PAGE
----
If the Cisco IP Phone has not yet been configured in CUCM or CME (no SEP<MAC>.cnf.xml file exists on the TFTP server), the IP Phone requests a file named XMLDefault.cnf.xml. This is a base configuration file typically used for a feature called Auto-Registration (allowing phones to register without being configured).
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Tip
Many people often wonder the meaning of SEP at the beginning of the configuration filename. SEP stands for Selsius Ethernet Phone. Selsius was the name of the company Cisco acquired when they first began manufacturing VoIP technology.
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Here is a quick list of just some of the reasons why you want an accurate clock on your network devices:
• It allows Cisco IP Phones to display the correct date and time to your users.
• It assigns the correct date and time to voicemail tags.
• It gives accurate times on Call Detail Records (CDR), which are used to track calls on the network.
• It plays an integral part in multiple security features on all Cisco devices.
• It tags logged messages on routers and switches with accurate time information.
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A stratum 1 time server is one that has a radio or atomic clock directly attached. The device that receives its time from this server via NTP is considered a stratum 2 device. The device that receives its time from this stratum 2 device via NTP is considered a stratum 3 device, and so on. There are many publicly accessible stratum 2 and 3 (and even some stratum 1) devices on the Internet.
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Note
Example 3-4 illustrates configuring a Cisco router to support NTP. This is necessary if you are supporting a Cisco IP Telephony network using Communication Manager Express (CME). If you were using a full CUCM solution, you’d configure NTP on the CUCM server.
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If the IP phone finds an active server in the list, it goes through the registration process using either the Skinny Client Control Protocol (SCCP) or Session Initiation Protocol (SIP). The protocol the phone uses depends on the firmware it is using. Today, most Cisco IP Phones use the SCCP, which is Cisco proprietary. However, as the SIP protocol matures, widespread support continues to grow. Because SIP is an industry standard, using it across your network provides benefits such as vendor neutrality and inter-vendor operation.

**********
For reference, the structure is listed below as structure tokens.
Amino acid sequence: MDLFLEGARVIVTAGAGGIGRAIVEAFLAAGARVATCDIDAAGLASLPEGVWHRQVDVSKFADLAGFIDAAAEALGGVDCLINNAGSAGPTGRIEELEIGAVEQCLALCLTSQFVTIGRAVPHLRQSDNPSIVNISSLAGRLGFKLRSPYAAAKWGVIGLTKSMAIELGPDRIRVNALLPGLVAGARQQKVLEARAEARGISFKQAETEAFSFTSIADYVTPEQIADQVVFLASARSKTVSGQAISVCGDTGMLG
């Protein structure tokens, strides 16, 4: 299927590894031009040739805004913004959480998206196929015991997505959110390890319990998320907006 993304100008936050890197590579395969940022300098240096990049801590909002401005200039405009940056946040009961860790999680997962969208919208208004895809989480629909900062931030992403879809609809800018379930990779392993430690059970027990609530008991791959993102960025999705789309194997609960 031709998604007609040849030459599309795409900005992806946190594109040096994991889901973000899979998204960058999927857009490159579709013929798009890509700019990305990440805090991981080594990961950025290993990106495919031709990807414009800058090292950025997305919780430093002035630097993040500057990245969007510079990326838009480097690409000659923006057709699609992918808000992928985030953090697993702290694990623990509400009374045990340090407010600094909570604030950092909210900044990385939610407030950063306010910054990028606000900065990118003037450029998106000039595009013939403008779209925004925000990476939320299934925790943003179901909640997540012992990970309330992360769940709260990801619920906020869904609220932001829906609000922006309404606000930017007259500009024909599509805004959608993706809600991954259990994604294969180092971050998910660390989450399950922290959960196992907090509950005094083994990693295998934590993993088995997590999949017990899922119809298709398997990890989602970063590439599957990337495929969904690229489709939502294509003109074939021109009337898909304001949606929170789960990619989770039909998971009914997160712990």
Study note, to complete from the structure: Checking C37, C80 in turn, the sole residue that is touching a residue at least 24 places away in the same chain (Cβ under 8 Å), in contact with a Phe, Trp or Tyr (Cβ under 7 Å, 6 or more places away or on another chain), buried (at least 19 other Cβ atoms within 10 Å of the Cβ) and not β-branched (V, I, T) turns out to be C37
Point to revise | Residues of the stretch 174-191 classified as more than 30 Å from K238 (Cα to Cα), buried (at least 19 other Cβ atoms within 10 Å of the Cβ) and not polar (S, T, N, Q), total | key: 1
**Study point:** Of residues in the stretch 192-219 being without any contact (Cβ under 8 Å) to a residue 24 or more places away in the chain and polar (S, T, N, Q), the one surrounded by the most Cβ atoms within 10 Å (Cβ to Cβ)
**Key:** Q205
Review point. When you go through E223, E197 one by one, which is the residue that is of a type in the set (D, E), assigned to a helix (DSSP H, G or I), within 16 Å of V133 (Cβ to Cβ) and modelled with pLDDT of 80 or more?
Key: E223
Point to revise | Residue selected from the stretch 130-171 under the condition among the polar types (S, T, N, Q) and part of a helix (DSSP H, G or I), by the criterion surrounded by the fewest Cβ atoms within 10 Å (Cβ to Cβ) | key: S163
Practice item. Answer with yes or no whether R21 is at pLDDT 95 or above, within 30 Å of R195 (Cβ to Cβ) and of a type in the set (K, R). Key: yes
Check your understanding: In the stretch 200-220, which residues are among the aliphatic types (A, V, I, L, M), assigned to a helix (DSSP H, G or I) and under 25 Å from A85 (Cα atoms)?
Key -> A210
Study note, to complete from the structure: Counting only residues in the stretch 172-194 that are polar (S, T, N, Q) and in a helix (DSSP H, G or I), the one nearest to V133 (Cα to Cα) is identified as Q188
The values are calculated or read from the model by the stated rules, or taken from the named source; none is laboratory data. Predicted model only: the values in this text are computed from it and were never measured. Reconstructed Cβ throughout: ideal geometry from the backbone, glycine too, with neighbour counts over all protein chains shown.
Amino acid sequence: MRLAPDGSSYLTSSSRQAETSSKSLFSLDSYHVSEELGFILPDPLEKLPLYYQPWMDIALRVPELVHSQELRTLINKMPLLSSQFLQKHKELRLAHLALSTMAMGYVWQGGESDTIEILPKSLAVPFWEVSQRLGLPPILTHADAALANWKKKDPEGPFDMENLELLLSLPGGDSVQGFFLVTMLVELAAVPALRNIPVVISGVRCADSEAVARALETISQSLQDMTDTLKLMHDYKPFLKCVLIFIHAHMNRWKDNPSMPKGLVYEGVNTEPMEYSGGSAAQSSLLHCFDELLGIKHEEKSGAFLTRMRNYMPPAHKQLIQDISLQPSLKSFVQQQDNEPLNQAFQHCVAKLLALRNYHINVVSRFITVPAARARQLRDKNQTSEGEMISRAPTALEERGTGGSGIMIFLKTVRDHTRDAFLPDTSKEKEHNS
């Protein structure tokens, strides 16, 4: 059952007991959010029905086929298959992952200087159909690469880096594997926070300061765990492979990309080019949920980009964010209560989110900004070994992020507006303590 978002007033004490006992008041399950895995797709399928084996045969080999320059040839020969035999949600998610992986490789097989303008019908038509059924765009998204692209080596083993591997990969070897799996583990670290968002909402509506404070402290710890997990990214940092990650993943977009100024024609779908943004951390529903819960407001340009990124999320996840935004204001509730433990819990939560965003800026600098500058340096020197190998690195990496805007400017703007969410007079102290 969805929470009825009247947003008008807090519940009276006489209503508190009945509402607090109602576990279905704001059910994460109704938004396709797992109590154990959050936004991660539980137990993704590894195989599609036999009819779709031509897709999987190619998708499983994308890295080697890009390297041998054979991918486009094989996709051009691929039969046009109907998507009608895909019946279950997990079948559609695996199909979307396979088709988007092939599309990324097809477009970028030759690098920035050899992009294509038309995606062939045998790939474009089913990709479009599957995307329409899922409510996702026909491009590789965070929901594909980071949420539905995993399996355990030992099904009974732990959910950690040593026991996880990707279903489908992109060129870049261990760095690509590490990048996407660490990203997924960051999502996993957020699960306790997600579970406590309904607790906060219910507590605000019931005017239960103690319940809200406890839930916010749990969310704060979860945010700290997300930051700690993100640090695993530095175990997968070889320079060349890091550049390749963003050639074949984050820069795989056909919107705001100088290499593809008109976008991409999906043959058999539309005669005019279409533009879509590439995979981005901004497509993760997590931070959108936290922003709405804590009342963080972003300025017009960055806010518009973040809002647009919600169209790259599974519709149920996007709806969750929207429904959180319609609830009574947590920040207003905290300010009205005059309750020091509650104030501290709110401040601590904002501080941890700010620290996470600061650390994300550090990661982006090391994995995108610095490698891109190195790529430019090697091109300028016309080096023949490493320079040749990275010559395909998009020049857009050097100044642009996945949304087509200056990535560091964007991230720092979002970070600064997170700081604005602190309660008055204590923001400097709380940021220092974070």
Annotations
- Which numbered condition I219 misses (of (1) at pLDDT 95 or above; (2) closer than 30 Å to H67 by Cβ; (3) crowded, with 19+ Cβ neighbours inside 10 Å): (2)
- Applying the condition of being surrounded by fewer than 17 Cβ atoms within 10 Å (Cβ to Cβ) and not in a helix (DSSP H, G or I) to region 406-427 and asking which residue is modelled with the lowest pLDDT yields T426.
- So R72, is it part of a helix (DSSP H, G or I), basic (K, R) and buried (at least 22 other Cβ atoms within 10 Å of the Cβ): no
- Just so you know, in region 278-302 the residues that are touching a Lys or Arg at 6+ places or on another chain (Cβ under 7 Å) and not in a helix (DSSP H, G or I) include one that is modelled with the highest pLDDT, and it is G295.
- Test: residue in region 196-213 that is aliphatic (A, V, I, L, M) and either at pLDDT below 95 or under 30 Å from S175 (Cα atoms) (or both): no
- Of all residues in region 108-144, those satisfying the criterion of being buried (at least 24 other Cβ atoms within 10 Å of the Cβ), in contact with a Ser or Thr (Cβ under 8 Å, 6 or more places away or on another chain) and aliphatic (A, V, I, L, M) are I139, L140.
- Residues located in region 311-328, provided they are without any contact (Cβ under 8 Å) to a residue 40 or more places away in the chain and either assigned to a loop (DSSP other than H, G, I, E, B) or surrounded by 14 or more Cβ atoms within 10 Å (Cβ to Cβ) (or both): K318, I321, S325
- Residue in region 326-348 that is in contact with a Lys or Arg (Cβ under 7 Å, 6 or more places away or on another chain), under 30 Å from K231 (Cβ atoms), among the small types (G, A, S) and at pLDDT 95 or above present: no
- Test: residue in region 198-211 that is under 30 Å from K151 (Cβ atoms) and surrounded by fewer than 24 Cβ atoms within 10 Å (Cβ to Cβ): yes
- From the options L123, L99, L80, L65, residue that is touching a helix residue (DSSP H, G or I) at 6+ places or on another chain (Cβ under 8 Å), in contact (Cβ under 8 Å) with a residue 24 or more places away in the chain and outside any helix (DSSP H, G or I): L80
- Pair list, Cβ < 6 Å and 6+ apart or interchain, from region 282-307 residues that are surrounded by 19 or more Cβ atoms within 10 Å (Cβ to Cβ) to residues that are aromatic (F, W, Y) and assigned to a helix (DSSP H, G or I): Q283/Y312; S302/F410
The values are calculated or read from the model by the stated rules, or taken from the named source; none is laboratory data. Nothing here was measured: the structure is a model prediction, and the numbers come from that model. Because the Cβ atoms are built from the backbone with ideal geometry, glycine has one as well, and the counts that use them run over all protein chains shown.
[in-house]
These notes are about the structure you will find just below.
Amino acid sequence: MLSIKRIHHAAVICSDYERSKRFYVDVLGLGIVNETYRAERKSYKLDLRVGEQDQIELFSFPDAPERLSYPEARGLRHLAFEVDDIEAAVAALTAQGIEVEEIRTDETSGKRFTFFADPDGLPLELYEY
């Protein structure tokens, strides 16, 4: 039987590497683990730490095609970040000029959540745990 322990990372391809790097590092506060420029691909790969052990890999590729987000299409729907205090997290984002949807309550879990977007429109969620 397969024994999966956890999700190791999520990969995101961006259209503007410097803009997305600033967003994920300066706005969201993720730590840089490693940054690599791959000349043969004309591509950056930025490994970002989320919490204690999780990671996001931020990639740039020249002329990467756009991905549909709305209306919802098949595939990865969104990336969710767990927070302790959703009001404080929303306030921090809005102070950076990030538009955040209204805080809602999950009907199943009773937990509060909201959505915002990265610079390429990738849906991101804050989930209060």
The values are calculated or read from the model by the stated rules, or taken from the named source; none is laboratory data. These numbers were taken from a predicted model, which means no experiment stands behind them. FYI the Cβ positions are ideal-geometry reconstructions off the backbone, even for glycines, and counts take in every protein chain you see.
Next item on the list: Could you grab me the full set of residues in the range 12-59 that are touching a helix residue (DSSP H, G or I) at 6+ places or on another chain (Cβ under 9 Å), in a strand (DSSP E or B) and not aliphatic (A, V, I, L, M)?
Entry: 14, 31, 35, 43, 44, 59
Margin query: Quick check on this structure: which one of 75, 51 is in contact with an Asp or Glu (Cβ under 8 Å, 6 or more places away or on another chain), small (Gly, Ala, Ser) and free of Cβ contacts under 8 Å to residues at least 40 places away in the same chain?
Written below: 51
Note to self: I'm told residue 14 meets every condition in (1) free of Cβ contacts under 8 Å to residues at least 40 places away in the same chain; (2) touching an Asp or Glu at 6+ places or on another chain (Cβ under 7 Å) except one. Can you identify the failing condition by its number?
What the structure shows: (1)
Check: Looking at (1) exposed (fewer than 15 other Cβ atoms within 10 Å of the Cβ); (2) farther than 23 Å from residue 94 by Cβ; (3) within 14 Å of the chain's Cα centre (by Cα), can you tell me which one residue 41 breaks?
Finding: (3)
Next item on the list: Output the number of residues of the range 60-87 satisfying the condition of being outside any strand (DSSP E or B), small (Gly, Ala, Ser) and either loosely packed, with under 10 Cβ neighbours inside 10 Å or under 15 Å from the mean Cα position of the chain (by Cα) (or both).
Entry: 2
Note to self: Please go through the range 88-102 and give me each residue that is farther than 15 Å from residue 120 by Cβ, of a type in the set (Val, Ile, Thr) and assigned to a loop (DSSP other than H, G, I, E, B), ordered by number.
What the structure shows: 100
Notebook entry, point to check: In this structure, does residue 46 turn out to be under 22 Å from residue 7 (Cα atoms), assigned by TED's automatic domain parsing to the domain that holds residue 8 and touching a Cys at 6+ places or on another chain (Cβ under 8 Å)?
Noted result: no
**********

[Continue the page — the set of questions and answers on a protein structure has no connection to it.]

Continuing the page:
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Regardless of the protocol used, the registration process is simple: The Cisco IP Phone contacts the call processing server and identifies itself by its MAC address. The call processing server looks at its database and sends the operating configuration to the phone. The operating configuration is different than the settings found in the configuration XML file located on the TFTP server. The TFTP server configuration is “base level settings,” including items such as device language, firmware version, call processing server IP addresses, port numbers, and so on. The operating configuration contains items such as directory/line numbers, ring tones, softkey layout (on-screen buttons), and so on. Although the TFTP server configuration is sent using the TFTP protocol, the operating configuration is sent using SIP or SCCP.
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These protocols (SIP or SCCP) are then used for the vast majority of the phone functionality following the registration. For example, as soon as a user picks up the handset of the phone, it sends a SCCP or SIP message to the call processing server indicating an off-hook condition. The server quickly replies with a SCCP or SIP message to play dial tone and collect digits. As the user dials, digits are transmitted to the call processing server using SCCP or SIP; call progress tones, such as ringback or busy, are delivered from the call processing server to the phone using SCCP or SIP.